As I became more and more aware of the disorder that I had unknowingly tolerated, I gained confidence in my design and rebuilding efforts by inverse proportion. Any lingering concern that I had about my own inadequacies to undertake such a project dissolved when I considered the apparently random rubble that had held total collapse at arm’s length for decades. By mere default I was guaranteed to possess a wall more stable and sure than the heap that had stood before. Mine, after all, would be intentionally designed and carefully built.
The motif Chaos to Order was one that resonated with me in those early weeks of the project. Even as my old Dodge was endlessly oscillating to and from our property with loads of refuse, and even as the removal of the old wall was leaving a gaping, linear crater along our front lawn, the feelings of improvement and renewal were inescapable. With my own two hands and my old gray mare, I was making the world a better place—well, my 0.09 acre of the world, at least (the county dump certainly wasn’t getting any smaller from my repeated patronage).
Demolition took three Saturday mornings and half a dozen evenings after work. With some sporadic help from my four kids (who were very interested in the destruction I was “allowed” to carry out in broad daylight), I had smashed the stucco, pried loose the boulders, sifted through the cobbles, and unearthed the random rubble of a generation long past. Despite my efforts to salvage and stockpile any materials from the old wall that I thought could be re-usable, I still had to haul away (by hand and pickup truck) over four tons of material just to prepare my site for construction. After a month’s time, and already more effort than I had anticipated, I was ready to build. I had demolished the old wall down to underlying virgin soils. The only direction to go from here was Up.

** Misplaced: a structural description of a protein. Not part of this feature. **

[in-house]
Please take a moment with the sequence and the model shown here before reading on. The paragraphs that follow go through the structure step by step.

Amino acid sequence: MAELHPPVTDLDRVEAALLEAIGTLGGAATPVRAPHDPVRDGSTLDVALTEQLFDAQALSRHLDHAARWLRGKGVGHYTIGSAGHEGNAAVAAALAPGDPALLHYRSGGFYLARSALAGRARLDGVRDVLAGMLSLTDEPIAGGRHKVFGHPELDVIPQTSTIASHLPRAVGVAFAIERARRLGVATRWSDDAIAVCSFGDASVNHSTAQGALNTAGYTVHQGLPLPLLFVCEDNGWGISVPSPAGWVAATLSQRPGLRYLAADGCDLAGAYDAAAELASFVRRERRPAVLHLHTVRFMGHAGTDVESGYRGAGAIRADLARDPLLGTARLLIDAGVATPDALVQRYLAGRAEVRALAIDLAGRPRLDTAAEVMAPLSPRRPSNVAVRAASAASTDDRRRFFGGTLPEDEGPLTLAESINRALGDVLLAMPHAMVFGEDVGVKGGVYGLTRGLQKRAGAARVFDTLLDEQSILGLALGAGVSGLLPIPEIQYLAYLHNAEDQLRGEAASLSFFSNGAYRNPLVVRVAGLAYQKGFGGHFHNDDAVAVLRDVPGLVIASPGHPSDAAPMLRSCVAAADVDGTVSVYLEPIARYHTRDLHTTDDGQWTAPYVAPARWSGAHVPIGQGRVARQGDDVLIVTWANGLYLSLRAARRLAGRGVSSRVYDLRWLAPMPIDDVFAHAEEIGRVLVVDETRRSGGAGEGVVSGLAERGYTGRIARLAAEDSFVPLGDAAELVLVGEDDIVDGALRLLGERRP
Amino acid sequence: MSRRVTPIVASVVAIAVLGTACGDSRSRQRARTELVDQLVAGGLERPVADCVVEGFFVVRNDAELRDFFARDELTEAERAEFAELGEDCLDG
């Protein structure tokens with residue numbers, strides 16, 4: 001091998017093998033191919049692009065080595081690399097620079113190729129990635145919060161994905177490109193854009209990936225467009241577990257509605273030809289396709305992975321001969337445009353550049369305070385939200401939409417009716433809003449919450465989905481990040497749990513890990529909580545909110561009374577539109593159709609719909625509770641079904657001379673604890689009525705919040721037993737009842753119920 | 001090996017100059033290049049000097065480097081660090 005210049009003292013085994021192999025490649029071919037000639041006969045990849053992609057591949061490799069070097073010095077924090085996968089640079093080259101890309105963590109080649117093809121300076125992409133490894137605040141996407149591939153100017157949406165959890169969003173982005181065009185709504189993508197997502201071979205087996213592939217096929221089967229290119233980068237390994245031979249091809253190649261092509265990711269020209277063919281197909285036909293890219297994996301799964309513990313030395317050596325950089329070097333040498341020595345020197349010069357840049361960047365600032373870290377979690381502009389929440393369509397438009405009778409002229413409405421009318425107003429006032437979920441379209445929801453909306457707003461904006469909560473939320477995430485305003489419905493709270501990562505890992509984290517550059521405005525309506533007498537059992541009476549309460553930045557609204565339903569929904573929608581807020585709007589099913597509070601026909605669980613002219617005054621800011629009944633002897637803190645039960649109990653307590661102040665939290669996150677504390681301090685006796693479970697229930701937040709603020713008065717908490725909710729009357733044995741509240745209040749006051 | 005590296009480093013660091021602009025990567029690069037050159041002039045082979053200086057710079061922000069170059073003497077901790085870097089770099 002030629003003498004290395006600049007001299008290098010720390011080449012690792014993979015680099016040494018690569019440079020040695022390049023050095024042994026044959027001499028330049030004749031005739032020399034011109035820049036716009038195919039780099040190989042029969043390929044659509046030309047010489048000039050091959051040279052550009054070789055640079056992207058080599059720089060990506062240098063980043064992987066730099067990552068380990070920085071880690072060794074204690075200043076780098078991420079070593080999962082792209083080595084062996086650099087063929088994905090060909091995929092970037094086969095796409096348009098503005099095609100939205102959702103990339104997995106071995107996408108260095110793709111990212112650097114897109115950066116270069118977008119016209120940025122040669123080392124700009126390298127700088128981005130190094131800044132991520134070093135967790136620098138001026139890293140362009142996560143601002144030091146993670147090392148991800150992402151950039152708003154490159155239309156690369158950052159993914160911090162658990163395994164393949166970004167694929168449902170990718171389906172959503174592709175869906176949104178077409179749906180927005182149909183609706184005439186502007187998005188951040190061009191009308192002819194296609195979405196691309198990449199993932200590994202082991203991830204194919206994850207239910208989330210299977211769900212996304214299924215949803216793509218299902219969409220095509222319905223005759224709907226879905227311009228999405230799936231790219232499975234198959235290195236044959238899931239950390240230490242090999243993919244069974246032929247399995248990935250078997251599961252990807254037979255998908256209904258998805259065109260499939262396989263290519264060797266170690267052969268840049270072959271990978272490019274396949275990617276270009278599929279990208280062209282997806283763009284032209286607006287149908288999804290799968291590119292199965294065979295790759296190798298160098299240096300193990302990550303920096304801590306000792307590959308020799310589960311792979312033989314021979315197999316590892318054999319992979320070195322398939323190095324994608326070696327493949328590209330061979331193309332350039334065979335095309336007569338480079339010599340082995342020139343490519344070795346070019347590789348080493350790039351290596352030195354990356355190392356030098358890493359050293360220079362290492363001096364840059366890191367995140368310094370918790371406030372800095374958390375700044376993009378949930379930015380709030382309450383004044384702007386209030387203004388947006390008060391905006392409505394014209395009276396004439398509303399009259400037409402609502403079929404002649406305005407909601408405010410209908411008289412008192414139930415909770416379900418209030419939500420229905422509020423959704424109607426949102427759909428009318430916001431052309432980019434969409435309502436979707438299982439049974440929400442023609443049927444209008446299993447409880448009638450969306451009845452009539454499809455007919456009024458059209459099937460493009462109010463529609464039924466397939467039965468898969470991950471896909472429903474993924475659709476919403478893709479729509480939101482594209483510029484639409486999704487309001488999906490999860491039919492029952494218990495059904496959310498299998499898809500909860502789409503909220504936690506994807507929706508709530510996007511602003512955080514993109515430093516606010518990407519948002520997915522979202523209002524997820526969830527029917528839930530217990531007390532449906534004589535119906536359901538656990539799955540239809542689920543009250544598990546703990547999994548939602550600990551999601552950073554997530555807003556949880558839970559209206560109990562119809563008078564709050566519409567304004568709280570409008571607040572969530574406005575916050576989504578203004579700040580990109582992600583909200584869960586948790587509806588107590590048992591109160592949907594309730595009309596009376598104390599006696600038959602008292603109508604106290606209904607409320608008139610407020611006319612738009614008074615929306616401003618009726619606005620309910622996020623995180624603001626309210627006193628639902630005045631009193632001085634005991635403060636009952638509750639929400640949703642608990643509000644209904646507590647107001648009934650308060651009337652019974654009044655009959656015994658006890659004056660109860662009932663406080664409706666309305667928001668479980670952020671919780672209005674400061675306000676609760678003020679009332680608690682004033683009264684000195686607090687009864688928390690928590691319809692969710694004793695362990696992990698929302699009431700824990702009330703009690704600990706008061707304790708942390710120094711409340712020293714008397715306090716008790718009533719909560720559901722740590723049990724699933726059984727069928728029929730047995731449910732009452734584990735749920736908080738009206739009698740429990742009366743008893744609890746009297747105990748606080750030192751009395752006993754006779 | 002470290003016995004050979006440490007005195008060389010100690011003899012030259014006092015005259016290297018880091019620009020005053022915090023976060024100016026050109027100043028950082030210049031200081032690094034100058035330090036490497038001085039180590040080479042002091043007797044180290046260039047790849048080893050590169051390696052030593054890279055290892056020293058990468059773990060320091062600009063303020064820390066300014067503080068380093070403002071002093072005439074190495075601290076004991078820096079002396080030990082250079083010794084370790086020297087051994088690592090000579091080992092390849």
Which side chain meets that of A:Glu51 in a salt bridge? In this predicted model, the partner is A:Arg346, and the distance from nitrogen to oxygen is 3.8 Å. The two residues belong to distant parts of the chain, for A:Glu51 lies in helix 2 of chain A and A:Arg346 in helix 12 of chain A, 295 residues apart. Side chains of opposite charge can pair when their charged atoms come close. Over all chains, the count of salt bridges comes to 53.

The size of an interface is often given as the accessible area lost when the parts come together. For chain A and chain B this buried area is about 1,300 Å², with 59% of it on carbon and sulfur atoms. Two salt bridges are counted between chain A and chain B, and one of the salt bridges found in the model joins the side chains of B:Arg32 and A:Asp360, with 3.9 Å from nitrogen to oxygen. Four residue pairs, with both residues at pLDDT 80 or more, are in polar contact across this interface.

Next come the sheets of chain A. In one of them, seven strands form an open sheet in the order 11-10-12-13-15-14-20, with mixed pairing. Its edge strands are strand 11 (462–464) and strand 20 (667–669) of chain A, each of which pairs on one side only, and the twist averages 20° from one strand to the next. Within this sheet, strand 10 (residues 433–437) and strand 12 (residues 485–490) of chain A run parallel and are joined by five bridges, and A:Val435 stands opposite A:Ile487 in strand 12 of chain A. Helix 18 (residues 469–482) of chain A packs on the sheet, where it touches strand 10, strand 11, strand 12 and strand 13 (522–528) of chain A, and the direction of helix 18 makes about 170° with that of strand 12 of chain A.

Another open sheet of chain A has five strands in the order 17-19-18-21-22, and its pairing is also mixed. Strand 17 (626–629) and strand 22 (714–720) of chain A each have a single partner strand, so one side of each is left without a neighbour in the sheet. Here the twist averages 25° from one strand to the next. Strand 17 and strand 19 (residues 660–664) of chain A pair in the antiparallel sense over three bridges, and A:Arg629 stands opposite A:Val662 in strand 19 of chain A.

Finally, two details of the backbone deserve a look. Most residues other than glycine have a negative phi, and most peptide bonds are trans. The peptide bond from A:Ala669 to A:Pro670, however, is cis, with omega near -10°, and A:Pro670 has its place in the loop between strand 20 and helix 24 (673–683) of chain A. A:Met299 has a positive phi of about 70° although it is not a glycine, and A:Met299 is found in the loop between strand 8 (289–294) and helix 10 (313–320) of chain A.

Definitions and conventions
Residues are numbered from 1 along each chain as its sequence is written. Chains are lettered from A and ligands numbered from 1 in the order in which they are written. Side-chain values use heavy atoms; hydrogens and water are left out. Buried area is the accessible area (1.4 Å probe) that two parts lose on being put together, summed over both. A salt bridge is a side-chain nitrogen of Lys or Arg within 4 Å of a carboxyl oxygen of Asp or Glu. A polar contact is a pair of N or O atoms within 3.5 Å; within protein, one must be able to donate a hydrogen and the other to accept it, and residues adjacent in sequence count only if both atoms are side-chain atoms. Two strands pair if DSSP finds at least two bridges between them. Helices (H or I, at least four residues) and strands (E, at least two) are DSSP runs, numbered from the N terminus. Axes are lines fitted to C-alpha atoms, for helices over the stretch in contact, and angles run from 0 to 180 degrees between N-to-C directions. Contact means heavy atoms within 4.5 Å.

The only direction to go from here was Up.
In the months that followed, our little front lawn was a hub of activity nearly every Saturday morning and weekday evening with clear skies. When I wasn’t installing drainage tile, I was pinning fabric and hanging string lines. If I wasn’t unloading or sorting stone, I was stacking stone, setting stones, or shimming and leveling stones. Foundation stone, show stone, gap stone, and drainage stone. So many stones.
And the stones were quite meaningful to me because of their quarry and their quarry master. Between May and August I brought back—roughly 1,500 pounds at a time—five loads of Pennsylvania bluestone (shale) from my wife’s family farm in Susquehanna County. Even though it cost me five summertime hours per trip and put untold strain on my rickety old Ram, it was important for me to build with materials from my in-laws’ physical heritage. I felt like Nebuchadnezzar, harvesting the very stone beneath my queen’s hallowed homeland in order to construct our own local wonder and remind her of the family farm’s rugged terrain. I made five trips to the farm, which means my father-in-law made 15 trips up and down Mount Roszel to select and stockpile them for me. His help as curator and beast of burden was invaluable. Without him, the dream of using farm stone would never have materialized into a reality.